Today, he uses a Massey Ferguson® 2605 and its many attachments for mowing trails, creating fire breaks, removing large rocks, lifting logs and clearing snow in the winter. And while studying the war lives of the Greatest Generation remains a passion, when the weather permits, a perfect evening now is, he says, “Enjoying a cup of coffee with my wife on the front porch of our home as a gentle breeze whispers through the trees we planted all those years ago.”
See the full story and order the book at http://myFarmLife.com/sailer.
“All the farm work, from tillage and weed control to cultivating and the planting process, is done with the Allis Chalmers 185 tractor,” says Gene Mealhow, owner of Tiny But Mighty popcorn, who farms near Shellsburg, Iowa.
He brags on how the older model tractor still “runs great. We keep the oil changed, and we’ve had to fix hydraulic hoses and put on new tires and a muffler, but even in the winter, it starts fine.”
For a time, he had his neighbors do the harvesting. His small acreage, though, was a problem. “No farmer wants to quit harvesting thousands of acres, change his combine over, come to me and do a five-minute pass through a field to harvest,” says Mealhow.
So he borrowed a neighbor’s 300 Massey Ferguson® combine and does the work himself now. “It worked great so I ended up buying it.” Mealhow says his corn is “an heirloom, ancient old seed, and it seems like this ancient heirloom combine does the best job of cleaning it. Because it is a small-capacity combine, it does a more efficient job harvesting the popcorn seed and cleans our smaller seeds better than a larger combine too.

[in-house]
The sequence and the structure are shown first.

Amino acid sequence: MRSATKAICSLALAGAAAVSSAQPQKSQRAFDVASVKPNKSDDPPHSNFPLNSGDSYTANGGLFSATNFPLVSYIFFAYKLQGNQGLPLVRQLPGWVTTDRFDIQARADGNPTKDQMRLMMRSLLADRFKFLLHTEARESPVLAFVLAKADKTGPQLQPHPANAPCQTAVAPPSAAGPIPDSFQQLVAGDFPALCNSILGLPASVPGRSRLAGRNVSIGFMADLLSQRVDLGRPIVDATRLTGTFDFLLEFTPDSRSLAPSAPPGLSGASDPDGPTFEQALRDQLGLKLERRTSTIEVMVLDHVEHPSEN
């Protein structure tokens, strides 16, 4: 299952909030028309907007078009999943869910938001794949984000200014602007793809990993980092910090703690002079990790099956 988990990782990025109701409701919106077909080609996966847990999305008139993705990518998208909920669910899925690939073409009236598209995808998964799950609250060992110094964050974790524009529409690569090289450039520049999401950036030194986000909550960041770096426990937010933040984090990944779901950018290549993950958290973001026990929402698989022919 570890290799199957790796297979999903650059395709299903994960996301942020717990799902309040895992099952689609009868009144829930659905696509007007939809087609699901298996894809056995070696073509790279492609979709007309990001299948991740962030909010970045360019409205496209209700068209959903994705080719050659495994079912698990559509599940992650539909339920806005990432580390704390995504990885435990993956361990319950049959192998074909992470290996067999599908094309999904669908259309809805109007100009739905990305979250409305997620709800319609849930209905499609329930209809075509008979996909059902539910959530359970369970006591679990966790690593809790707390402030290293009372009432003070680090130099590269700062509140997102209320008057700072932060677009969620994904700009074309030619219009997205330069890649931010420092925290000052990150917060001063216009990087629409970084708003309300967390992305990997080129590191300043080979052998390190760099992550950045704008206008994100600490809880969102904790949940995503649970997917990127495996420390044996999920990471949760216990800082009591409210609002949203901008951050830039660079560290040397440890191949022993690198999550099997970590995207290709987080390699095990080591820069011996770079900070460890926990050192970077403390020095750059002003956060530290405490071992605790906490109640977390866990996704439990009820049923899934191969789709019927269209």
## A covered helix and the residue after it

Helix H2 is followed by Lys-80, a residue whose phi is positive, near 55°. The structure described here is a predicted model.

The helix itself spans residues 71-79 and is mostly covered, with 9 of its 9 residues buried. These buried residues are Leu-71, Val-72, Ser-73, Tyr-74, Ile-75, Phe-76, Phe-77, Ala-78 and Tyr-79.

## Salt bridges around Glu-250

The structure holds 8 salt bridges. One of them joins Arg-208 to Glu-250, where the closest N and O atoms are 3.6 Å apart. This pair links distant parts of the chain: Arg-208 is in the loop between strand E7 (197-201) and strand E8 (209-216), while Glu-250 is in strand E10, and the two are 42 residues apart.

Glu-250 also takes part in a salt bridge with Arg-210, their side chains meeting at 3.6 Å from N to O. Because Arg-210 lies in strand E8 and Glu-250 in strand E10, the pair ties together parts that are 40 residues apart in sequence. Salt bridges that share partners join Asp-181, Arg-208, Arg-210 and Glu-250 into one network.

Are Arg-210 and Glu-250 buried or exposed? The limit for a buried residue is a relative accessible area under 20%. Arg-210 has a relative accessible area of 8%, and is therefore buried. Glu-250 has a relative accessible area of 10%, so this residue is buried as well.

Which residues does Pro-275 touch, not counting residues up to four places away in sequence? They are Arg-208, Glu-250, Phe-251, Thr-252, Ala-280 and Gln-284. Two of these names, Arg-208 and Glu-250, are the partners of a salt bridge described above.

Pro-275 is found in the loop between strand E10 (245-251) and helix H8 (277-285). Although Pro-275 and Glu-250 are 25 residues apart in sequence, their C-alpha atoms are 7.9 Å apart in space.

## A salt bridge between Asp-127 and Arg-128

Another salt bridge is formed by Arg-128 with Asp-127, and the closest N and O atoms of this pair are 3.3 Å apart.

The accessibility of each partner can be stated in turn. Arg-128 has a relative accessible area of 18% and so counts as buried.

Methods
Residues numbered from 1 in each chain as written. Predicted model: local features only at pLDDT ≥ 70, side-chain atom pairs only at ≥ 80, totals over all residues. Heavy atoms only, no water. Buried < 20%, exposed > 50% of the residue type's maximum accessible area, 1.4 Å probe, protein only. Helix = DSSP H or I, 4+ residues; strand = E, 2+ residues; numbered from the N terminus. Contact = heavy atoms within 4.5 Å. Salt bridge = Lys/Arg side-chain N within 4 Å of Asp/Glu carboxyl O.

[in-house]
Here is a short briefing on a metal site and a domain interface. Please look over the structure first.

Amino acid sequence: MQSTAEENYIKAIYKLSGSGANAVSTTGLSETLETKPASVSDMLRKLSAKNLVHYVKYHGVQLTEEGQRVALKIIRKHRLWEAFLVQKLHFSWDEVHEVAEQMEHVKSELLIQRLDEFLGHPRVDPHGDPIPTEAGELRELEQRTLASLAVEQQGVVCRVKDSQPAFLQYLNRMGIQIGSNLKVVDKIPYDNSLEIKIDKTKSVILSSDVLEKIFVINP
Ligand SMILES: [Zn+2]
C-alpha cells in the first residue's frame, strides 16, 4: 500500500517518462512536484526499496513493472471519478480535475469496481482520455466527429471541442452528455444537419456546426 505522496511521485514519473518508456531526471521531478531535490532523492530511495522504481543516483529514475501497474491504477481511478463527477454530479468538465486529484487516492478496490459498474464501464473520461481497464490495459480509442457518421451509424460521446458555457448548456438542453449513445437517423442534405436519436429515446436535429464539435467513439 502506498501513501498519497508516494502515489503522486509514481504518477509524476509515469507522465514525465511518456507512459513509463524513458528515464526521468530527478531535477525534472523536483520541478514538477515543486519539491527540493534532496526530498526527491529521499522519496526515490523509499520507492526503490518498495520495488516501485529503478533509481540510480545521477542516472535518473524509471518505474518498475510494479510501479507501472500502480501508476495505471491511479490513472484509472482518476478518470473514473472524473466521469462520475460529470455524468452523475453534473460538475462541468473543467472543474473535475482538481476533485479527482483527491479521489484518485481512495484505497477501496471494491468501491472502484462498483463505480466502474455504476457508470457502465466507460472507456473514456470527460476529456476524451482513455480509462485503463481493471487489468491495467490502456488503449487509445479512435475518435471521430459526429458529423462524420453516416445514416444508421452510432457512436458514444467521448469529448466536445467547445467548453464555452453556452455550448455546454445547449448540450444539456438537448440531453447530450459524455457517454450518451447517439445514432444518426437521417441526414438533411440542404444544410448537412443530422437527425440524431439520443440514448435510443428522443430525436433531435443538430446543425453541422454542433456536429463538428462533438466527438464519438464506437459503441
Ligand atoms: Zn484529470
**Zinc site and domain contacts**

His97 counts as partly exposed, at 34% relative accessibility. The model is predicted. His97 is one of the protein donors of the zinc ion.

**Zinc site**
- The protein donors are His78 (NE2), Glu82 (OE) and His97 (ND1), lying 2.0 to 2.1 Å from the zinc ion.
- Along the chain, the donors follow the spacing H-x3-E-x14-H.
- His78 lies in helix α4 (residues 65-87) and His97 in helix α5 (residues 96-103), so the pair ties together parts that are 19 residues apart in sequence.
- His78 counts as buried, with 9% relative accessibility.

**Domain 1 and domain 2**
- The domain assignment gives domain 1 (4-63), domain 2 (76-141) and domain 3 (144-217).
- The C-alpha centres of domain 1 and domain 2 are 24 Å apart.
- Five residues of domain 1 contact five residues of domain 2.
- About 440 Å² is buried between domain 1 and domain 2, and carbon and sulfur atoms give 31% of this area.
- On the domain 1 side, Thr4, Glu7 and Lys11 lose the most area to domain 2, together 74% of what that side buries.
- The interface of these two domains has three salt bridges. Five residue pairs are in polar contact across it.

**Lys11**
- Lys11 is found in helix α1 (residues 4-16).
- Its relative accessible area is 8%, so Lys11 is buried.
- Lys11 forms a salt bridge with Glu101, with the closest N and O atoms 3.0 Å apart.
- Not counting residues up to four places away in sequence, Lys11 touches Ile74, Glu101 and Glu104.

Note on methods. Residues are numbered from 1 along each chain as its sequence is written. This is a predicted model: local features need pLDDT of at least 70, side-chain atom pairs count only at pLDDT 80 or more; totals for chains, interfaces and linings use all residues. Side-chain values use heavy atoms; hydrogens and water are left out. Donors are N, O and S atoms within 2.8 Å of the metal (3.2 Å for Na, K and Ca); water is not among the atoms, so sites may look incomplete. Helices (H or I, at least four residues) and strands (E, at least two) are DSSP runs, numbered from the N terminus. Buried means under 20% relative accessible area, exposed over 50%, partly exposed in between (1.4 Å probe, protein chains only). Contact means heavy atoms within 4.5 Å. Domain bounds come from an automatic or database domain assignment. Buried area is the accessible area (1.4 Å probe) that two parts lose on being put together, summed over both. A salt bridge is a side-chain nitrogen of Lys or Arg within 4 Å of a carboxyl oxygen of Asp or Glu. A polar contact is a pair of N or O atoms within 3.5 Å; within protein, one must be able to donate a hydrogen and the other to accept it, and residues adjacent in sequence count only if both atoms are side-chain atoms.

“When I first got it, there were some parts on it that needed updating—bearings and all of that,” Mealhow notes. He called on K & A Farm Equipment, Inc., in Strawberry Point, Iowa. “I asked them if they had parts and they said, ‘We might be able to put our hands on some. We service about three or four of those.’ They did have all the parts: sickle blades, bearings and just little things. They still maintain a wonderful selection of parts for the older equipment.”
Mealhow readies the combine about one month before harvest begins, checking the oil, filters, hoses, bearings, chains and belts. “You don’t want to go to the field and have it break down,” he says.
See the full story: The Tiny But Mighty Popcorn King.